Jeffrey PEARSON, Plaintiff–Appellant, v. Carolyn W. COLVIN, Acting Commissioner of the Social Security Administration, Defendant–Appellee.
Jeffrey Pearson appeals the denial of his application for Social Security disability benefits. He contends that substantial evidence does not support the determination of the administrative law judge denying those benefits because the judge failed to resolve a conflict between the vocational expert's testimony and the Dictionary of Occupational Titles. We reverse and remand for further proceedings.
In the past, Pearson has worked in a number of fields, including as a groundskeeper and a press operator in a plastics factory. On February 5, 2009, Pearson was laid off from his most recent job. Six weeks later, he applied for Social Security disability benefits under Titles II and XVI of the Social Security Act, 42 U.S.C. §§ 416(i), 423, 1381, 1382c(a)(3) (2012). Pearson alleged disability due to arthritis of the spine, degenerative joint disease and a torn rotator cuff in his right shoulder, shin splints, degenerative artery disease in his feet, a hiatal hernia, irritable bowel syndrome, post-traumatic stress disorder, depression, and anxiety.
Pearson's application for benefits was denied initially and upon rehearing. An administrative law judge (ALJ) then affirmed the denial. The Social Security Appeals Council (Appeals Council), however, granted Pearson's request for review and remanded the case for further consideration, including testimony from a vocational expert.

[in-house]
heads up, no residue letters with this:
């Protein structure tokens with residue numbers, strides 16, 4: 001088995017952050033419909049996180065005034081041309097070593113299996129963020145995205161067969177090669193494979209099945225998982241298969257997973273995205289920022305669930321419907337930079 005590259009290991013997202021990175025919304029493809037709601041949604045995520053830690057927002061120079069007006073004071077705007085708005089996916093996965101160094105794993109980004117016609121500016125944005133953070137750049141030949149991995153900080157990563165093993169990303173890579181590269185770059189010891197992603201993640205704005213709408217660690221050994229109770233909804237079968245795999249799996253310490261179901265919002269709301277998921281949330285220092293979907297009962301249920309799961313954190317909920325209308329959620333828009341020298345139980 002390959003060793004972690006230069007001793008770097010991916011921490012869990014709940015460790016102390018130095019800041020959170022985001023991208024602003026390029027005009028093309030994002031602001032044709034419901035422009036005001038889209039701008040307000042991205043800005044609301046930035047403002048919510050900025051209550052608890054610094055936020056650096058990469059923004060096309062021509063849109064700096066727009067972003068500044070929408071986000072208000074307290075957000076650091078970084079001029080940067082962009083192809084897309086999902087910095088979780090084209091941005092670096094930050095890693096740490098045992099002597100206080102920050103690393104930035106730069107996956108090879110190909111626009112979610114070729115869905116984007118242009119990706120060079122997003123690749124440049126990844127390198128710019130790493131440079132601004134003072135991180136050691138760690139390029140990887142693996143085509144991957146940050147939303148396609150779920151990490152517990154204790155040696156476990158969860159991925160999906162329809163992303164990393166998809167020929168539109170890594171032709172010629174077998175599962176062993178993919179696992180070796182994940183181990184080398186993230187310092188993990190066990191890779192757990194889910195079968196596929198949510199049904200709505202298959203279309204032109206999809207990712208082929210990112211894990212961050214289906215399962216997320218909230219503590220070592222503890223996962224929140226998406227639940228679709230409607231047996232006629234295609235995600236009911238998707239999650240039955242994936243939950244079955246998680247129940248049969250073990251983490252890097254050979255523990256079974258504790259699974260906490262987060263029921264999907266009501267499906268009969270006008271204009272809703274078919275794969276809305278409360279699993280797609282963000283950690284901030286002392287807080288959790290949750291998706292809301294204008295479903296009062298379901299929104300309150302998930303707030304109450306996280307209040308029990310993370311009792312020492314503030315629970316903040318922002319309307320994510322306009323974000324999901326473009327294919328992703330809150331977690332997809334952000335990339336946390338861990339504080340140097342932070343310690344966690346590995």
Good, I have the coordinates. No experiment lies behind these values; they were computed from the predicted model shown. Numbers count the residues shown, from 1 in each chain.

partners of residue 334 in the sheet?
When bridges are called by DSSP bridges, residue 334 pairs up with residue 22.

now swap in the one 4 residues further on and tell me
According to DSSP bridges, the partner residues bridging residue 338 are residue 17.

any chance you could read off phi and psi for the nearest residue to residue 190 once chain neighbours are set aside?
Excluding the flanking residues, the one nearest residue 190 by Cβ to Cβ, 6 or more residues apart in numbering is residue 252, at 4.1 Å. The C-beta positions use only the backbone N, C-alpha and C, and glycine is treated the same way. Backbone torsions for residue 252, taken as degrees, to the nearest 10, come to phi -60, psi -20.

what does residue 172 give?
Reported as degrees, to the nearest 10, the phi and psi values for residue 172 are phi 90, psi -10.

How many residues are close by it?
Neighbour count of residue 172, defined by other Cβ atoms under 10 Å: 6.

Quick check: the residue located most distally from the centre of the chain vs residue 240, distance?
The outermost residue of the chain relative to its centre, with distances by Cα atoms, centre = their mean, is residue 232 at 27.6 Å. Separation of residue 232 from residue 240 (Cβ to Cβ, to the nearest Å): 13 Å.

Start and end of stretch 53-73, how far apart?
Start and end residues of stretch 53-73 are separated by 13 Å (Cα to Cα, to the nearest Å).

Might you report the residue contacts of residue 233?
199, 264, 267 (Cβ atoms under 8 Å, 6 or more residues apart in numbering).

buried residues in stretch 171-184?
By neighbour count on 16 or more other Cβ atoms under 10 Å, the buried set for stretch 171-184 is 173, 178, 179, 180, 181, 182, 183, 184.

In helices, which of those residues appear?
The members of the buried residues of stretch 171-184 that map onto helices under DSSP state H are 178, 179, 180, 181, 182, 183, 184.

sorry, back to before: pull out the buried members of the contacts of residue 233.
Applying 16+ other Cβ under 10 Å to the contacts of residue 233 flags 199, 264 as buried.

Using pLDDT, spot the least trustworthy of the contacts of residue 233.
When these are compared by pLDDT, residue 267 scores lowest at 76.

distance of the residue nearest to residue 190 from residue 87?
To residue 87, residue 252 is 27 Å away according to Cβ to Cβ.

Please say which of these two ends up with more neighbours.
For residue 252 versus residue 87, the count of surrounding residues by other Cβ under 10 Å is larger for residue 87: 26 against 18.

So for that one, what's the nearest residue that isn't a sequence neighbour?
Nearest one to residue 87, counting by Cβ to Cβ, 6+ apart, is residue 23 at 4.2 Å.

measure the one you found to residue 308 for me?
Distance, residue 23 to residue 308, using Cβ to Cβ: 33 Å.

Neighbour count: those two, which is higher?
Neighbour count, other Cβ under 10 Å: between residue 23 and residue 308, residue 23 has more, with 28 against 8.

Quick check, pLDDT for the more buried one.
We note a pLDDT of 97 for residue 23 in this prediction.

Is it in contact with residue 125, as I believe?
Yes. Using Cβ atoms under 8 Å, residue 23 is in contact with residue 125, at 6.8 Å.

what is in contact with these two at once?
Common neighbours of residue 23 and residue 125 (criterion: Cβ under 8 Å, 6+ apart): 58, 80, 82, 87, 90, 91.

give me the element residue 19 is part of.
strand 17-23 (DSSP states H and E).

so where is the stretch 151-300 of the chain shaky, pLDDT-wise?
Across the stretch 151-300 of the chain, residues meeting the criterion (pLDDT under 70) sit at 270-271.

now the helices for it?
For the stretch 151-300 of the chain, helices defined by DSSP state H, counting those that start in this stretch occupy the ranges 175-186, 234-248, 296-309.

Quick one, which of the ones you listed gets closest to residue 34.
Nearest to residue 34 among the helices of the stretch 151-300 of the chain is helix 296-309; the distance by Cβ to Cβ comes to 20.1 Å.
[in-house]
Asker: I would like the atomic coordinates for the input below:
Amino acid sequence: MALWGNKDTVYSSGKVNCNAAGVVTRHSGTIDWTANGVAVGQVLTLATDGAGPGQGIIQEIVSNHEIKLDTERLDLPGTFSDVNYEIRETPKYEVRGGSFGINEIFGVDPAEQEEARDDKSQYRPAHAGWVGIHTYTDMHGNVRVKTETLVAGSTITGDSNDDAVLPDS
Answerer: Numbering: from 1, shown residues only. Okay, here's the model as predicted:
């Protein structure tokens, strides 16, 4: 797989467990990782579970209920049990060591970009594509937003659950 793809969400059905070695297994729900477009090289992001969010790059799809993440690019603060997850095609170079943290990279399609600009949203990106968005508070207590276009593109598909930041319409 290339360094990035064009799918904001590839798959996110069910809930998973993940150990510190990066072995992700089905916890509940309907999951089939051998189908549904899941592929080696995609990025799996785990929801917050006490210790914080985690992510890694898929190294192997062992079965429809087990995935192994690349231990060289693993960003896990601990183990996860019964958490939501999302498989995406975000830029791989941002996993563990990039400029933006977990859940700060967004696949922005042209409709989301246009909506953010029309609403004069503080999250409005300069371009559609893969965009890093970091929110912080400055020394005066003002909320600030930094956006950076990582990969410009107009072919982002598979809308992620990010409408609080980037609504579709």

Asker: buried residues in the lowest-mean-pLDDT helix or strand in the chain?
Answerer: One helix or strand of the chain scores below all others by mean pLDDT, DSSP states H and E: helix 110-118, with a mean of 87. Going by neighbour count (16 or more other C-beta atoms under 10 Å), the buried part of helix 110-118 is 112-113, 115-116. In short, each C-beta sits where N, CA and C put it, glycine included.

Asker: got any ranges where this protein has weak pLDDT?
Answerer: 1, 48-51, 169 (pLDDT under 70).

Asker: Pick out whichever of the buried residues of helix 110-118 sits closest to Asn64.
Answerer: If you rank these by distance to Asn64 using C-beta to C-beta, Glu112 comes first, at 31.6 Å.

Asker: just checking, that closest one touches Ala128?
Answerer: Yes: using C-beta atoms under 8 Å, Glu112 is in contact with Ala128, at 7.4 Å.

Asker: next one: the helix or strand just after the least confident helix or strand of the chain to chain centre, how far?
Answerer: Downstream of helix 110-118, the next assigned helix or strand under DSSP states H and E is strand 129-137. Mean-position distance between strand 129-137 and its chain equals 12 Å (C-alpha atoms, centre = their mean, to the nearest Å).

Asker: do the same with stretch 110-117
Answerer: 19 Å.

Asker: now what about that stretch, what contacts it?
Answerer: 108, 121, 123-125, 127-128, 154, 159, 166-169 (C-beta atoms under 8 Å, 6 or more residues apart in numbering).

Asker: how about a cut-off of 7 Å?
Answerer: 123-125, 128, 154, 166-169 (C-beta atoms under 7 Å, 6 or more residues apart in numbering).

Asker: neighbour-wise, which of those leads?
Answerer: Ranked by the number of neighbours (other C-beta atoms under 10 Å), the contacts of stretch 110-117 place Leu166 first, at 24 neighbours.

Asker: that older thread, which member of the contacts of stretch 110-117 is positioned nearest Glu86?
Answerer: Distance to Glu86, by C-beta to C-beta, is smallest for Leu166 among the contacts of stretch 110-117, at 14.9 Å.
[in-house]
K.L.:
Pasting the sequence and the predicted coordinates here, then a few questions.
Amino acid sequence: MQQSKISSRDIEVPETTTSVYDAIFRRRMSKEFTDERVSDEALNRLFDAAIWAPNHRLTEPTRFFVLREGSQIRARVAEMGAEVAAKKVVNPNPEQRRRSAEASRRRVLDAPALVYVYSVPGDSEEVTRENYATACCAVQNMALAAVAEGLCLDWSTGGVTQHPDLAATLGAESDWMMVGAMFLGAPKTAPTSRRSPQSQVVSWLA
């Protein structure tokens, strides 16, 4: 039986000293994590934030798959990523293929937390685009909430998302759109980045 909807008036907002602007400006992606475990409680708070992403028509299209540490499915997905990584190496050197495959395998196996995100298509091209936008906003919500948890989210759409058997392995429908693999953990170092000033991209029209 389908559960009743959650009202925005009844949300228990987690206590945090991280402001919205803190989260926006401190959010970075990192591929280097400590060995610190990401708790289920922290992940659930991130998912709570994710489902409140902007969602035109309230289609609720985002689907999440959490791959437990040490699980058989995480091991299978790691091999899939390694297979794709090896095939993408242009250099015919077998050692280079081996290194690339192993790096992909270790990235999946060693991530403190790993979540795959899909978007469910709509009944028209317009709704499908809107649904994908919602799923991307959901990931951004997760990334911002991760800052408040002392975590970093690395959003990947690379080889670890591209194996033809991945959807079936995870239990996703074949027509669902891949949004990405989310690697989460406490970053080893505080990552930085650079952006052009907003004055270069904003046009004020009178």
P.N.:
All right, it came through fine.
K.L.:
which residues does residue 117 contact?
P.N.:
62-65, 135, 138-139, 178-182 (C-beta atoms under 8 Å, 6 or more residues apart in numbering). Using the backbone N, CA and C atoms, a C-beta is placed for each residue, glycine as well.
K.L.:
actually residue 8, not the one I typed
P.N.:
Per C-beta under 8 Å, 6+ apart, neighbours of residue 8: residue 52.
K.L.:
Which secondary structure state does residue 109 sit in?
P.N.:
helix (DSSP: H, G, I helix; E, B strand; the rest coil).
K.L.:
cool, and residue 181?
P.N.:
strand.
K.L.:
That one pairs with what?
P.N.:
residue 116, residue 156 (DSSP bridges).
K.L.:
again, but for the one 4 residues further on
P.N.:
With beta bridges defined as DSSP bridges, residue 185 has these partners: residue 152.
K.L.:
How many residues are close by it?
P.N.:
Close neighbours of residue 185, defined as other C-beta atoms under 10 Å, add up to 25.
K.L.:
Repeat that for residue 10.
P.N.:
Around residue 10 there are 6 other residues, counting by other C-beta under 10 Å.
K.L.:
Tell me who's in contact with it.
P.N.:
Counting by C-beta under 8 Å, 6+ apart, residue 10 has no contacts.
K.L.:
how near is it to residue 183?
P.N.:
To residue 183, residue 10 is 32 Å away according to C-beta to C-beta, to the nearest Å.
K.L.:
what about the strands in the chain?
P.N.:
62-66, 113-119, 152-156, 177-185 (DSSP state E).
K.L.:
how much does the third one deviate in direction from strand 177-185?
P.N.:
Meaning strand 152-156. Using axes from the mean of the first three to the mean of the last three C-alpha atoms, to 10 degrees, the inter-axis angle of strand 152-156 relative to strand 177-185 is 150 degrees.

During the second ALJ hearing, at the beginning of the vocational expert's testimony, the ALJ asked the expert: “[i]f your testimony here today differs [from] what is contained within the Dictionary of Occupational Titles, will you please so advise both [Pearson's counsel] and myself?”1 The expert agreed to do so.
The ALJ presented the vocational expert with a series of hypotheticals. The ALJ first posed the following scenario to the expert:
[A]ssume a hypothetical individual the same age, education and work experience which our claimant possesses. Further assume that this hypothetical individual can lift and carry up to 20 pounds occasionally and ten pounds frequently; sit six hours in an eight hour day and stand and walk a total of six hours in an eight hour day. Further assume that this hypothetical individual would be limited to occasionally overhead lifting and reaching using the upper nondominant extremity. Likewise, this hypothetical individual could perform occasional bending, stooping, crouching, kneeling and crawling․ The hypothetical individual, I would restrict to ambulating on level surfaces. Likewise, this hypothetical individual could perform no more than frequent fingering and handling using the upper extremities․ None exertionally. I would restrict this hypothetical individual to performing simple, routine tasks, with supervision which is simple, direct and concrete.
The ALJ then asked the vocational expert whether this hypothetical person could perform any of Pearson's past jobs. The expert said he could not.
The ALJ next asked the vocational expert whether this hypothetical person could perform any other jobs in the national economy. The expert testified that the hypothetical individual could perform unskilled and light work, including jobs as a motel cleaner (Dictionary 323.687–014), cashier II (Dictionary 211 .462–010), and bench press operator (Dictionary 690.685–014). Pearson's counsel asked the expert no questions. At no time did the vocational expert mention any conflicts between his testimony and the Dictionary.
The ALJ again affirmed the denial of benefits. He found that Pearson has the following severe impairments: “right shoulder tendonitis and synovial lesion, left ear disorder (status-post left tympanoplasty), diffuse joint pain due to arthritis, back pain, carpal tunnel syndrome of the right wrist, anxiety, and depression.” However, the ALJ found that, with those impairments, Pearson retains the residual functional capacity